Although plans to replace Virginia school districts’ diesel buses with electric ones have foundered in the General Assembly, the state is moving forward with bus electrification plans using money from Volkswagen’s so-called “Dieselgate” scandal.
On Friday, Gov. Ralph Northam’s office announced it would make $20 million of the state’s Volkswagen settlement funds available for school districts to electrify their bus fleets.
“We have an existing pot of money we’re working to get out the door as soon as possible, and a school bus program is a perfect fit,” said Virginia Department of Environmental Quality Deputy Director Chris Bast. Furthermore, he added, the funding “provides an opportunity that is no-strings-attached that is different than a lot of the other funding opportunities out there for school buses.”
Virginia received $93.6 million through a settlement between Volkswagen and the federal government over allegations that the company installed devices in vehicles between 2009 and 2016 to cheat emissions tests in order to evade Clean Air Act emissions limits.
Virginia DEQ, which is responsible for administering the settlement funds, has so far earmarked $82 million for transportation electrification projects.
Northam pledged to put $20 million of those funds toward electric school buses in 2019. That amount is expected to cover the extra costs of replacing about 75 diesel buses with electric ones.
Electrifying school bus fleets “is another important part of our comprehensive approach to reducing climate pollution,” said DEQ Director David Paylor in a statement.
Transportation emissions are responsible for almost half of Virginia’s greenhouse gas emissions, one of the primary drivers of climate change.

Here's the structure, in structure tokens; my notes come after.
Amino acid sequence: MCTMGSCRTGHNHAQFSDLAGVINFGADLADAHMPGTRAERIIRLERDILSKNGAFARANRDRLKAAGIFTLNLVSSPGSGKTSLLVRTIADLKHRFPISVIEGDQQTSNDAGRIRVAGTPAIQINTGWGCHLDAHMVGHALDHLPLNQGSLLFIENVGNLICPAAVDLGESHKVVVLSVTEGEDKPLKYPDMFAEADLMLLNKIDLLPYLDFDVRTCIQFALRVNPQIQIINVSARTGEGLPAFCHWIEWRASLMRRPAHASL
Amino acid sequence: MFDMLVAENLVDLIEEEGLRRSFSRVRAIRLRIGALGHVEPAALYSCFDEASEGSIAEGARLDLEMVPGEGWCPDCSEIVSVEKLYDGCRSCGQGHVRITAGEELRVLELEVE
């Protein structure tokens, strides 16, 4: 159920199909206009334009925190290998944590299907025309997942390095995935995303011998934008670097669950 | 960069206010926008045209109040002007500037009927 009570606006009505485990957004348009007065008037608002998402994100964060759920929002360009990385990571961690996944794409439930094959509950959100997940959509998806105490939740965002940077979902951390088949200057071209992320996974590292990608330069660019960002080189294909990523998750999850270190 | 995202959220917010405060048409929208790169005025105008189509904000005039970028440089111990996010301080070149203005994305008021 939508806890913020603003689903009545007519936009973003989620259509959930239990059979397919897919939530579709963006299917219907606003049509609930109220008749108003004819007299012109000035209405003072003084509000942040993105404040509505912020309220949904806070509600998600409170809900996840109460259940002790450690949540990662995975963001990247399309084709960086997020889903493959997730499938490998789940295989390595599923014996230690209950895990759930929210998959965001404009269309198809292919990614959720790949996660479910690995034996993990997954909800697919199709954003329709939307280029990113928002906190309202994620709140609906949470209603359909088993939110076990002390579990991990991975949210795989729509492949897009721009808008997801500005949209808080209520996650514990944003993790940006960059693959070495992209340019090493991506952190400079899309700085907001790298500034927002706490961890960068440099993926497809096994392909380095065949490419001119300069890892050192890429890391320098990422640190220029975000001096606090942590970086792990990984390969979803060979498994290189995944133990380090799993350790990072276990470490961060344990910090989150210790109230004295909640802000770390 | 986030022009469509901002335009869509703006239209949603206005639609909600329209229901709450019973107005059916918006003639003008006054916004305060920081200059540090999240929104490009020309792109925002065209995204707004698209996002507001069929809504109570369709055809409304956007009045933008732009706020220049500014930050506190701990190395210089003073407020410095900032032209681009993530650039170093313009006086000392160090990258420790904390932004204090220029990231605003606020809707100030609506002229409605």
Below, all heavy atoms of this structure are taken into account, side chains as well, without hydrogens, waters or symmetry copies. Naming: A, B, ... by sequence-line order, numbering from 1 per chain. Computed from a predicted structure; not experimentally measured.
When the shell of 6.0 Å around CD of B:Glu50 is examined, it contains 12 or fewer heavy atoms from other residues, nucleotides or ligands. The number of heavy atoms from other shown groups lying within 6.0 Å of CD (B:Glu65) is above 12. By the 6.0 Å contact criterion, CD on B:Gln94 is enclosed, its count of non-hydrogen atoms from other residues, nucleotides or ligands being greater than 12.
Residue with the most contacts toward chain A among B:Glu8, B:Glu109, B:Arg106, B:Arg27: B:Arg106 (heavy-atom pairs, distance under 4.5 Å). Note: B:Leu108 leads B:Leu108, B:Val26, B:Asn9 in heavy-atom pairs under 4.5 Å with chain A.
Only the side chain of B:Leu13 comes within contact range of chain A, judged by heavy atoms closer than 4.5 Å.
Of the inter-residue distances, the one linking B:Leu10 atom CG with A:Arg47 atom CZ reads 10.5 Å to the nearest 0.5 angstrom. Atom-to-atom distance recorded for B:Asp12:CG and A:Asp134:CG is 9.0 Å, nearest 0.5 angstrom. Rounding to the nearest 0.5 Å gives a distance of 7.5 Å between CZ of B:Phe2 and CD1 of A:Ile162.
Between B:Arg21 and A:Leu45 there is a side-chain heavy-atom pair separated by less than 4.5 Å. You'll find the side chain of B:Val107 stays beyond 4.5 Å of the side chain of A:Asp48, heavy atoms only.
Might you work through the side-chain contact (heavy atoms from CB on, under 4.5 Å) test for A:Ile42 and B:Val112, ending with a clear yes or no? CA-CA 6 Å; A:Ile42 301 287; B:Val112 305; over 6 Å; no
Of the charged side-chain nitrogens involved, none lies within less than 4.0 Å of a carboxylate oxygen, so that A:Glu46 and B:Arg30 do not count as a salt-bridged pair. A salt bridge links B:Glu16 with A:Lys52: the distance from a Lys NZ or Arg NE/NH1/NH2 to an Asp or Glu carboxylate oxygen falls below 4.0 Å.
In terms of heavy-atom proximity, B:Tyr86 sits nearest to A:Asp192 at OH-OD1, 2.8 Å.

According to data provided by the governor’s office, approximately 99 percent of Virginia’s public school buses use diesel.
Many are also aging. Per the Virginia Department of Education’s 2019-2020 inventory, nearly 5,000 of the commonwealth’s almost 17,000 diesel school buses are model year 2006 or older.
In rolling out the Volkswagen funding, “there will be priority given to the oldest diesel buses out there,” DEQ air quality planner Angela Conroy said during a Monday presentation on the program.
The $20 million will be disbursed in rounds, with $9.25 million now available for districts to replace diesel buses with electric ones and $750,000 allotted for propane-powered buses.
The state will cover the price difference between an electric or propane bus and an equivalent diesel bus, with the districts paying what they would otherwise have paid for a diesel replacement.
During the 2020 and 2021 General Assembly sessions, proposals to establish Dominion Energy-led programs that could have put as many as 1,200 electric school buses on Virginia roads failed despite extensive behind-the-scenes efforts by top Democrats. Among other arguments, opponents objected to utility ratepayers funding electric school bus conversions.